August 14, 2017

Our dear George Banks, having anteceded the Basel Committee, would never have dreamt about current bank bonuses

Sir, Jonathan Ford writes: “As Andy Haldane of the Bank of England points out, there are few ways for banks to bolster their returns to shareholders. One is to loosen underwriting standards and so increase the riskiness of assets they invest in. The other is to squeeze the amount of regulatory capital they set against the investments they make.” “Banking bonuses ought to be dead and buried by now” August 14.

Haldane is wrong about the increase of riskiness of assets, to improve the return on equity that is of little and doubtful sustainable value (bankers have even been fired for that); but he is absolutely correct about the regulatory capital.

When current bank regulators were taken for a ride by bankers and convinced, like for instance with Basel II of 2004, to set the capital requirements against something rated AAA to AA at only 1.6%, meaning an authorized leverage of equity of 62.5, they allowed bankers to earn returns on equity beyond their shareholders’ wildest dreams, and this even after keeping for themselves huge eye-watering bonuses.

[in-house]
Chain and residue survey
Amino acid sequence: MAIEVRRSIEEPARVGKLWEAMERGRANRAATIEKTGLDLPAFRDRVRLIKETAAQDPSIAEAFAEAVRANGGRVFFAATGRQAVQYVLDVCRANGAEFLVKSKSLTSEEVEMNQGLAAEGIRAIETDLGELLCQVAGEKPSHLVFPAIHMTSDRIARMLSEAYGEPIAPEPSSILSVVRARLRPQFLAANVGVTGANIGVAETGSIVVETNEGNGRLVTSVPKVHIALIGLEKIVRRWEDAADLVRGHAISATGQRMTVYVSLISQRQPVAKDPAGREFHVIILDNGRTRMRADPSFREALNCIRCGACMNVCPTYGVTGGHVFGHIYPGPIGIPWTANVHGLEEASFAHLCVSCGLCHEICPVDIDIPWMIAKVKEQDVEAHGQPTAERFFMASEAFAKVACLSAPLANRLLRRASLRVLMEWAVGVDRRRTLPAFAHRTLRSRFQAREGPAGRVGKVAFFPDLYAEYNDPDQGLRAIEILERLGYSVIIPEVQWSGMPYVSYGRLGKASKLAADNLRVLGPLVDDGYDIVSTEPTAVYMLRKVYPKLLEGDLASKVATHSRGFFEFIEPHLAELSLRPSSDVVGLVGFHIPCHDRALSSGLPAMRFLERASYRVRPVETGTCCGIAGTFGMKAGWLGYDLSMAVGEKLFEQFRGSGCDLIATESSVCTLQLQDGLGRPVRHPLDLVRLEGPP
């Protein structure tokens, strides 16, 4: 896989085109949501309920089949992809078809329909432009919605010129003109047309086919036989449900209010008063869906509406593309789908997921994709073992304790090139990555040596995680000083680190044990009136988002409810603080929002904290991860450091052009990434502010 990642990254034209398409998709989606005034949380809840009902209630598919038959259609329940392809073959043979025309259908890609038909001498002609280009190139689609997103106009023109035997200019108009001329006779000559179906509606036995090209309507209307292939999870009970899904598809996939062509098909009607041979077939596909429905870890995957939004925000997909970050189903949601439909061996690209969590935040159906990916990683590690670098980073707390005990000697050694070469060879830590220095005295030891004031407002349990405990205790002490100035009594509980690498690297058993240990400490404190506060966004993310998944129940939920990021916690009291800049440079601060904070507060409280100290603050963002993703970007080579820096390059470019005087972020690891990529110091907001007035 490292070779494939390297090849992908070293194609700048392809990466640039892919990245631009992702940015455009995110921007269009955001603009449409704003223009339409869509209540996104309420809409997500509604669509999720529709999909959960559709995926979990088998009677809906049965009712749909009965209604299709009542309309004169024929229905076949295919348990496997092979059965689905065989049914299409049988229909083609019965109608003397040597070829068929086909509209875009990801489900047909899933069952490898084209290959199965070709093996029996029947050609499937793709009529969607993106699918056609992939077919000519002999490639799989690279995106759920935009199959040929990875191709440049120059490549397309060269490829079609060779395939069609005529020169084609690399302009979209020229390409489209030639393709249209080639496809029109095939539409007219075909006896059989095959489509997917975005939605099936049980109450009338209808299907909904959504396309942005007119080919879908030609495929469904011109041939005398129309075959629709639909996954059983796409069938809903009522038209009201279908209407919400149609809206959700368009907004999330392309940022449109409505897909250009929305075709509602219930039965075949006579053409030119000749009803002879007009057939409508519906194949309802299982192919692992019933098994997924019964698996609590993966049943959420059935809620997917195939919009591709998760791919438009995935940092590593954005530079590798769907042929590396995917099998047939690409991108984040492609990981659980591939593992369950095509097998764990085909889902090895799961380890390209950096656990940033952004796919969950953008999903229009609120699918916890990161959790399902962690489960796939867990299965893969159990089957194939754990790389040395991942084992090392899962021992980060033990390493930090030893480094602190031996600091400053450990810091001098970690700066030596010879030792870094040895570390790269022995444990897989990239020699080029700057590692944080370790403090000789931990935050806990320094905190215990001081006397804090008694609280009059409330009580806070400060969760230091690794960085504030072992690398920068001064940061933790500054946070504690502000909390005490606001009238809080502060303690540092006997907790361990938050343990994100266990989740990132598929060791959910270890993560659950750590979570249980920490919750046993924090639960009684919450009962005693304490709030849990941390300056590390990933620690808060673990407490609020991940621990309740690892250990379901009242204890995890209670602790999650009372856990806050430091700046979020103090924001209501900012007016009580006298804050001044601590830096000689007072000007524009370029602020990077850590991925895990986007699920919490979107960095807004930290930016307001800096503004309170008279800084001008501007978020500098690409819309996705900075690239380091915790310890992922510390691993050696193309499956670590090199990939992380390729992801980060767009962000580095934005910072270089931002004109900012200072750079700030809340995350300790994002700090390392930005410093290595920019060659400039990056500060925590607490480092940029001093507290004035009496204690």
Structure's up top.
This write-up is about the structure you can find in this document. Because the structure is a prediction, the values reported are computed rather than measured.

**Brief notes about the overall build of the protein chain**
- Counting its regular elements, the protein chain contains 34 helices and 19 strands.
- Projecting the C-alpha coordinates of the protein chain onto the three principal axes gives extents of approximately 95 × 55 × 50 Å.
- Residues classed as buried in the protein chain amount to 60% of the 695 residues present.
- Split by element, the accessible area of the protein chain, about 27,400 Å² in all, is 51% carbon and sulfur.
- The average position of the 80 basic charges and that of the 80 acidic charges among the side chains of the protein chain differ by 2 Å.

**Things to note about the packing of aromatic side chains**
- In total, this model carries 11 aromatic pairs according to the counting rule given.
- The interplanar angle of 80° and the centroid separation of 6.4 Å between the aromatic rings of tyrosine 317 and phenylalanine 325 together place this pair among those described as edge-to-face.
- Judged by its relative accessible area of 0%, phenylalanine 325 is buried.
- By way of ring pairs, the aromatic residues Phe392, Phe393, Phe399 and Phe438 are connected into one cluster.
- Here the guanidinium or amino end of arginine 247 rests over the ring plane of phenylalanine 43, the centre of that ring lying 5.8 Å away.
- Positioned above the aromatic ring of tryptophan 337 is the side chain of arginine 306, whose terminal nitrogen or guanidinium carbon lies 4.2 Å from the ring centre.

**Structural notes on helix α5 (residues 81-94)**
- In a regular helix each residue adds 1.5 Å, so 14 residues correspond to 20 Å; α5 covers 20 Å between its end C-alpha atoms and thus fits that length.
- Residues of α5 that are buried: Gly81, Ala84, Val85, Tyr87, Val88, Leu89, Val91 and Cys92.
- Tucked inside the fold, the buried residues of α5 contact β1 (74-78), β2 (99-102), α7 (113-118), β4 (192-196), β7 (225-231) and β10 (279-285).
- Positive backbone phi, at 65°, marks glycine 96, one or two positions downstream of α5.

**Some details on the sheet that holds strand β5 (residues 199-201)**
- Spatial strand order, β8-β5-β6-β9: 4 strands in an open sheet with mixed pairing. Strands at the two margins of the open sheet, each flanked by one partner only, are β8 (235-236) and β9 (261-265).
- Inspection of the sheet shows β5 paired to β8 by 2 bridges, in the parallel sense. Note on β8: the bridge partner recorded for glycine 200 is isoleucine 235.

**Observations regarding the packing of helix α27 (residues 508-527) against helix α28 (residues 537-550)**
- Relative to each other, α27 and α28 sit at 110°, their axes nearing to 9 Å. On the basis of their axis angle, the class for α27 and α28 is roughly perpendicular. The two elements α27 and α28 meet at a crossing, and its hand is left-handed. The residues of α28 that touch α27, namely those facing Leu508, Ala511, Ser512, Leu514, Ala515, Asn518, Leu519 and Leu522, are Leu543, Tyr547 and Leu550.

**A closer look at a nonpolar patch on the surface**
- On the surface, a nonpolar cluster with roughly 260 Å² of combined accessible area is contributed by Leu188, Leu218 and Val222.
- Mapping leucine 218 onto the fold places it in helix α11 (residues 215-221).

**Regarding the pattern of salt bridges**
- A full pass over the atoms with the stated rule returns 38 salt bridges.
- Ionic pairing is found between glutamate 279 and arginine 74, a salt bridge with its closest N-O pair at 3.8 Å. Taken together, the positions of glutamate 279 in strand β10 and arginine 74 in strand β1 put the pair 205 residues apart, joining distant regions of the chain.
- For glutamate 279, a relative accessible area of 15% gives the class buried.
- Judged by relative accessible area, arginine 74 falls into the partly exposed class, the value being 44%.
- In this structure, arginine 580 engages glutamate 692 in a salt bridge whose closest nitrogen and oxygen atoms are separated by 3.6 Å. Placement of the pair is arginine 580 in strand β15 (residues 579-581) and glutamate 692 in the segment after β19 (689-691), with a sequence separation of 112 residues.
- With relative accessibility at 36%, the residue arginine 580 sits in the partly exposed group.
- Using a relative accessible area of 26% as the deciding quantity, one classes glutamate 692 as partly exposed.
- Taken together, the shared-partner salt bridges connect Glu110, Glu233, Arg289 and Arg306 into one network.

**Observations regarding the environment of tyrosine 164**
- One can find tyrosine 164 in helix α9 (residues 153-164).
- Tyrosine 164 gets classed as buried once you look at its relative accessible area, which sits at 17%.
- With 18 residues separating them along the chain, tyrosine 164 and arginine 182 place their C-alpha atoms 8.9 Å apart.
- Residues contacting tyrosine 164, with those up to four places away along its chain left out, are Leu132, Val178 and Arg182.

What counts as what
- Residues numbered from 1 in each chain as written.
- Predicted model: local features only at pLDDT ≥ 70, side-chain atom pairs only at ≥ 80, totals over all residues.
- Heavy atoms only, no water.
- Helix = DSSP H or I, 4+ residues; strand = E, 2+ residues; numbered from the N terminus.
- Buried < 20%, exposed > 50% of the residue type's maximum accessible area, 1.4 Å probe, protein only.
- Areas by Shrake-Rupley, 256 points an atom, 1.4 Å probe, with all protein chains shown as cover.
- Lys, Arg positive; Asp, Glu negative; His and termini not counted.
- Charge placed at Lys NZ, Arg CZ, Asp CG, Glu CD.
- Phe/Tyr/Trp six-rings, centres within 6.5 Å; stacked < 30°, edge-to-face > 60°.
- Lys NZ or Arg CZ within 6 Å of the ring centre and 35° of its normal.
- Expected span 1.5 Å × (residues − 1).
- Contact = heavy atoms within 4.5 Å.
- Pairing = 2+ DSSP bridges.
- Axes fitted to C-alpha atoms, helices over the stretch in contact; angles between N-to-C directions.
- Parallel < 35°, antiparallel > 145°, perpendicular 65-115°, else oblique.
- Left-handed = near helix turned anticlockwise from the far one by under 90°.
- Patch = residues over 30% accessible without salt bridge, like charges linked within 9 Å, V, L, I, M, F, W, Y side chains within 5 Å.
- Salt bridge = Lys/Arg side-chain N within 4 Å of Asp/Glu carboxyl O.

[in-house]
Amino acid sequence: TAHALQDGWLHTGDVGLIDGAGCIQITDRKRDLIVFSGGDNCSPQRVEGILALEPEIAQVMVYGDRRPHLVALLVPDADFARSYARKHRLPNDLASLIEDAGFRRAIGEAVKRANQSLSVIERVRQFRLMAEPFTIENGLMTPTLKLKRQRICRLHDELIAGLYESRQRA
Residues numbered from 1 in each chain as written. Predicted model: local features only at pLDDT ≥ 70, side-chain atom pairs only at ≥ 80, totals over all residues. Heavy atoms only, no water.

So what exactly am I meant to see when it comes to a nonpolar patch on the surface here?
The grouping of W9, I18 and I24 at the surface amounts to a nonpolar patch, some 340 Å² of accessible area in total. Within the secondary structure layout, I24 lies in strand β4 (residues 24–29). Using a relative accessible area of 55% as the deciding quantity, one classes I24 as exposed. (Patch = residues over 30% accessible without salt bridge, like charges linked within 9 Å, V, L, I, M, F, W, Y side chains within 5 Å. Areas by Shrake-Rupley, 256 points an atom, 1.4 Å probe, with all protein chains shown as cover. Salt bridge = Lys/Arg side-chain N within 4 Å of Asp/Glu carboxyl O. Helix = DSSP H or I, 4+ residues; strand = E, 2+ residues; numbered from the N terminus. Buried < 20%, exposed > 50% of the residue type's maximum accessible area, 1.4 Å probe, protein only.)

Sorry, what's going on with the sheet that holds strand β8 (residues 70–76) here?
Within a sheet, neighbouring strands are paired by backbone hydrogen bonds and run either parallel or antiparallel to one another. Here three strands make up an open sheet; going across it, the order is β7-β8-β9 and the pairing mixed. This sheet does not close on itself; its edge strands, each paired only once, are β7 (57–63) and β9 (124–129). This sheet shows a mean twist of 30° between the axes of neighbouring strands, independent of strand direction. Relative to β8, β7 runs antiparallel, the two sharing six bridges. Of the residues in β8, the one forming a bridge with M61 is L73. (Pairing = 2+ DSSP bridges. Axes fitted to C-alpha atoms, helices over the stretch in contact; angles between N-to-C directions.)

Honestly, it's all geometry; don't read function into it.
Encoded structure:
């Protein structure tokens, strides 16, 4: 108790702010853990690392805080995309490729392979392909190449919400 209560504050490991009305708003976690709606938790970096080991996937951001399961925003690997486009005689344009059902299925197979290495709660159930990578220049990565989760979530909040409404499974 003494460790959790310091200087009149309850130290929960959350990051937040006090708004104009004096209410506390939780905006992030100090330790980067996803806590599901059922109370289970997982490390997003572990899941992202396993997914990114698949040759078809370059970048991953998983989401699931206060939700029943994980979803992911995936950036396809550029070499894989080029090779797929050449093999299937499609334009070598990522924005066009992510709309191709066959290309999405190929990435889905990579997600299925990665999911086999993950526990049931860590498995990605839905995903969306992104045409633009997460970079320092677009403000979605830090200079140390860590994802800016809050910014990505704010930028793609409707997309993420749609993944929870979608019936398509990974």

Place a 10% capital requirement on all bank assets and those bonuses would immediately begin to vanish in the air as a result of shareholders becoming again important to banks.

As a huge bonus for the rest of the economy, that would also eliminate the current odious distortion of bank credit in favor of “the safe”, sovereigns, AAArisktocracy and houses, and against the risky, SMEs and entrepreneurs.

George Banks (the first)